Japan's heroic hostage
Aljazeera keeps up its good reporting on East Asia with a piece from a few days ago by Gavin Blair on the Japanese hostage Akihiko Saito, who was recently found dead in Iraq.
The reporter points up the glaring difference between his glorification in the Japanese media and the vilification of the three hostages who returned to Japan unharmed last year. Akihiko Saito was a private security officer [read: mercenary] whereas the 2004 hostages were NGO workers and a photojournalist. Sort that one out.
As I've mentioned before, Asano Kenichi of Doshisha University called the treatment of the three 2004 hostages a 'media bludgeoning'. Something of a contrast with the latest hostage who was working for a British security firm and was a veteran of the Foreign Legion. Nonetheless, the Japanese media found this far more acceptable:
...the media has been keen to establish the distinction between professionals such as Saito or the SDF, and "misguided do-gooders" such as the three taken hostage last year.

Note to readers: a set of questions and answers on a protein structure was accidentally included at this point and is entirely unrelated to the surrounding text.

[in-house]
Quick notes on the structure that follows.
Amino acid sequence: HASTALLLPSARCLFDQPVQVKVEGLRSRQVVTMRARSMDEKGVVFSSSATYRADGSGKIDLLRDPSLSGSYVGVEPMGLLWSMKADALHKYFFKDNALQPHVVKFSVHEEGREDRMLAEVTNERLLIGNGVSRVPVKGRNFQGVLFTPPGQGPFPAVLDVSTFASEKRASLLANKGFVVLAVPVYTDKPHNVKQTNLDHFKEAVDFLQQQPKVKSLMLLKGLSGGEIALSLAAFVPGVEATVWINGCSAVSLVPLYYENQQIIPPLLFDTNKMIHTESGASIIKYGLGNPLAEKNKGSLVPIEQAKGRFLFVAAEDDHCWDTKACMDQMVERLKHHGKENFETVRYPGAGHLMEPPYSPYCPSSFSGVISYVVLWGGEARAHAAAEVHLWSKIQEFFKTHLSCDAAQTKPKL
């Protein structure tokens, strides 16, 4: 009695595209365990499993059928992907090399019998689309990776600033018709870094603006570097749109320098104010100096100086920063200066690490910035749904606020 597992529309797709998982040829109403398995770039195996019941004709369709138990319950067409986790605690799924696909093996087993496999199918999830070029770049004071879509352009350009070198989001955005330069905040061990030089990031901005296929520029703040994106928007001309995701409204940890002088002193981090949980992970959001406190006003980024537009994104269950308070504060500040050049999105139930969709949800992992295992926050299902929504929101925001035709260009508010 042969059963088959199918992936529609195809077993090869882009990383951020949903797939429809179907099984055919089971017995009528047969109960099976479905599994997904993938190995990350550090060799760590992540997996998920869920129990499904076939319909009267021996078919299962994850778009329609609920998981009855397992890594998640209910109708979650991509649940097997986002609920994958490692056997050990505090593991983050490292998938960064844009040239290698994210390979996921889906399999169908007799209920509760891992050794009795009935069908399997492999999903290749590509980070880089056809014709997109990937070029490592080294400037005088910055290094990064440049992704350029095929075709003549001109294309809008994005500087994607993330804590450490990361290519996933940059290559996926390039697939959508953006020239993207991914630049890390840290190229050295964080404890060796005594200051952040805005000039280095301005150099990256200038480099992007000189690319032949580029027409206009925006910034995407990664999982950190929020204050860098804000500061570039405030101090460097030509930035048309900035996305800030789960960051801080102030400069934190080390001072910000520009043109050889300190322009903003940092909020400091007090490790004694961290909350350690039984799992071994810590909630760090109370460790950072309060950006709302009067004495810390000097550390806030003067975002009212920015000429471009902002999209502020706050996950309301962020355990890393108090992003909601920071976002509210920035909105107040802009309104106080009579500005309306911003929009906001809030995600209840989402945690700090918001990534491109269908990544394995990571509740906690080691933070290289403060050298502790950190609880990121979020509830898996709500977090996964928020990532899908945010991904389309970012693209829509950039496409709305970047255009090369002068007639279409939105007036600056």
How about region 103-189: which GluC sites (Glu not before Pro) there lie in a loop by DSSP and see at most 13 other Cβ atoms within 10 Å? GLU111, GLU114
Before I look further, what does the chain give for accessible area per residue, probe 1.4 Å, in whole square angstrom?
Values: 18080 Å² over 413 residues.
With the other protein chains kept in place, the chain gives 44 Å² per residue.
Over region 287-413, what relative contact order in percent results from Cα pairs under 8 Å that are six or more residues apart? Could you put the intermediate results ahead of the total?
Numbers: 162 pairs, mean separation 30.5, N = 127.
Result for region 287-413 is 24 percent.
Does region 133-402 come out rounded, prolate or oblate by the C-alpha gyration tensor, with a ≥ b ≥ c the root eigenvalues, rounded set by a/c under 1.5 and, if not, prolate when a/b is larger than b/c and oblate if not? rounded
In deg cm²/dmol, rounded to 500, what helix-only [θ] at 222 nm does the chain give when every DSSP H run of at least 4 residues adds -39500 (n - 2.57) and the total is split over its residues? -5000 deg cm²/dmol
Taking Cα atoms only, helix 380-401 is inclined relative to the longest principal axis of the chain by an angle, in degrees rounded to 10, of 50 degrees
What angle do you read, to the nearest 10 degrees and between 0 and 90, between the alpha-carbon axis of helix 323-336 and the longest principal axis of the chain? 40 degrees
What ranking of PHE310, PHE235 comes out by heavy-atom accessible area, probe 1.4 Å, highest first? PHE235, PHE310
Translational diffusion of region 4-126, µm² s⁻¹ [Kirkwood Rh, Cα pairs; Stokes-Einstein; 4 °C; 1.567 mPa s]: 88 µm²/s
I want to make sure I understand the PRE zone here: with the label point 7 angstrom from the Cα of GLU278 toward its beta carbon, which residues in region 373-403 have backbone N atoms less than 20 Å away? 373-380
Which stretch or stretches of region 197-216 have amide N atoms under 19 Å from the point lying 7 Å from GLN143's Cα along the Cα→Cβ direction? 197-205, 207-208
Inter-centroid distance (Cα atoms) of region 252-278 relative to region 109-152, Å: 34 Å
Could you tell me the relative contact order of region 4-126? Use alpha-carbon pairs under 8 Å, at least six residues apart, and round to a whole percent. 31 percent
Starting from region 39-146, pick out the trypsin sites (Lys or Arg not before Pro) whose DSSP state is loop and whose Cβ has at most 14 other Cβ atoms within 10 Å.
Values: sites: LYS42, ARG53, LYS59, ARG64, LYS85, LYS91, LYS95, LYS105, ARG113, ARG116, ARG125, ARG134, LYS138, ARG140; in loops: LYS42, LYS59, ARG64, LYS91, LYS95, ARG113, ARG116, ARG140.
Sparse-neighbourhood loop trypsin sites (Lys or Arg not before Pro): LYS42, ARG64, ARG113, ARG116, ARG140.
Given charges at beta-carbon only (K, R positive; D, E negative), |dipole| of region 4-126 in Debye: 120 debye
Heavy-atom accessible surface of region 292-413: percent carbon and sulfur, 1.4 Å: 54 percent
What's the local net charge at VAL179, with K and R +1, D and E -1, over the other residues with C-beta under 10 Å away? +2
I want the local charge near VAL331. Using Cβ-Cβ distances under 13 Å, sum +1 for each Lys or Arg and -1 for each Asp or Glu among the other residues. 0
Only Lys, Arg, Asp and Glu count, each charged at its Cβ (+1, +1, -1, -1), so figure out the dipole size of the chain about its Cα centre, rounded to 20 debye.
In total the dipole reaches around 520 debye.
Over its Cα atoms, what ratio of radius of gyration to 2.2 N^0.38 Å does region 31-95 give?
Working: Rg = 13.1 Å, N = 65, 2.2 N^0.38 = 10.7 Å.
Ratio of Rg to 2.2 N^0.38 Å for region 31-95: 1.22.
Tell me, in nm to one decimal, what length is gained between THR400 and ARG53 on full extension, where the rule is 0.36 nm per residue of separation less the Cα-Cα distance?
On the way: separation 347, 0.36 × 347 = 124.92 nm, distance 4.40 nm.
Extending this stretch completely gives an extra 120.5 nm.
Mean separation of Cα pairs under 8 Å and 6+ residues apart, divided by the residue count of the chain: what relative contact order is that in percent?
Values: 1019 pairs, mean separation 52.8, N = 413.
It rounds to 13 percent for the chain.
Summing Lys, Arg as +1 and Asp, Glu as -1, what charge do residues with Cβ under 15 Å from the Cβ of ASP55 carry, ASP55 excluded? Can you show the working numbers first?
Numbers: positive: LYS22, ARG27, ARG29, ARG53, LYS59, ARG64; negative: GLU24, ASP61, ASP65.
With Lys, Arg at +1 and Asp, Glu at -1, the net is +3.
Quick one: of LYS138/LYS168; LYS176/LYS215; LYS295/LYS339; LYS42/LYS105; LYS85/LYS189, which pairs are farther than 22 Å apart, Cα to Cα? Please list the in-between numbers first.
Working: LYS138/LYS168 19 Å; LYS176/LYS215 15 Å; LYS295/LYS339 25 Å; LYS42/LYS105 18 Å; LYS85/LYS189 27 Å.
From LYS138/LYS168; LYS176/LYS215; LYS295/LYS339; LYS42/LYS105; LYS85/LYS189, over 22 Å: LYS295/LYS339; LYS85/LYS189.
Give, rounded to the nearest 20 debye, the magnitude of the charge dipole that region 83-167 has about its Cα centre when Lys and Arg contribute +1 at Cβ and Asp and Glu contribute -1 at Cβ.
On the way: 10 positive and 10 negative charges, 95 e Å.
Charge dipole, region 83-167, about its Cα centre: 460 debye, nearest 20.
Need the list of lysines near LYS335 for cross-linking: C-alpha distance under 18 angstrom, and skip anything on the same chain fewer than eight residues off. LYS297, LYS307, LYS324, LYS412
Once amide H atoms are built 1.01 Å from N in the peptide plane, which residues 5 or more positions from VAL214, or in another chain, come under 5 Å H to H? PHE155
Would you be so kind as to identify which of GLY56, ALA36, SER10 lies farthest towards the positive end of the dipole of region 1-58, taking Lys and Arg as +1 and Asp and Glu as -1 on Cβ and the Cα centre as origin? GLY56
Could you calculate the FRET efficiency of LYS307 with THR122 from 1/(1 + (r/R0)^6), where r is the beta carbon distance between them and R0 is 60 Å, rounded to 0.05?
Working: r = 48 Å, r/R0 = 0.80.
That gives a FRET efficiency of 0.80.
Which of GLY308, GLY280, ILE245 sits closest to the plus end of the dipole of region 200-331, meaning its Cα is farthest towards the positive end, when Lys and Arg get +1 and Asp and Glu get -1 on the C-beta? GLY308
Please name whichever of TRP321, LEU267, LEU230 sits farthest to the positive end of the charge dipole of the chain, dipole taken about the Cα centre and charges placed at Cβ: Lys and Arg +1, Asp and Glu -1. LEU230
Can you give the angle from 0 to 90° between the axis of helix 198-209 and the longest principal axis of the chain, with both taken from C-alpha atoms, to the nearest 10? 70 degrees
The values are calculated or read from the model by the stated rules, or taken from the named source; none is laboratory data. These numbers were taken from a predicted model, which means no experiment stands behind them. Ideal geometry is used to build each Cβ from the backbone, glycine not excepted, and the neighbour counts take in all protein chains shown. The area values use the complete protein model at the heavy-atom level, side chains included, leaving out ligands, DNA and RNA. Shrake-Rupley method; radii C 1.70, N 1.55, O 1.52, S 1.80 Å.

The Sankei newspaper, in an editorial about Saito, said: "This is very different from previous abduction cases as Mr Saito is a trained professional with much experience."
To be honest, Aljazeera might be part of the mainstream media, but its English website is providing some of the sort of journalism that we should be hoping for from the non-mainstream media. Journalism that is questioning, rigourous but not afraid to be partisan (of course the mainstream media is partisan it just tries to pretend it's not by hiding behind the ideology of 'balance').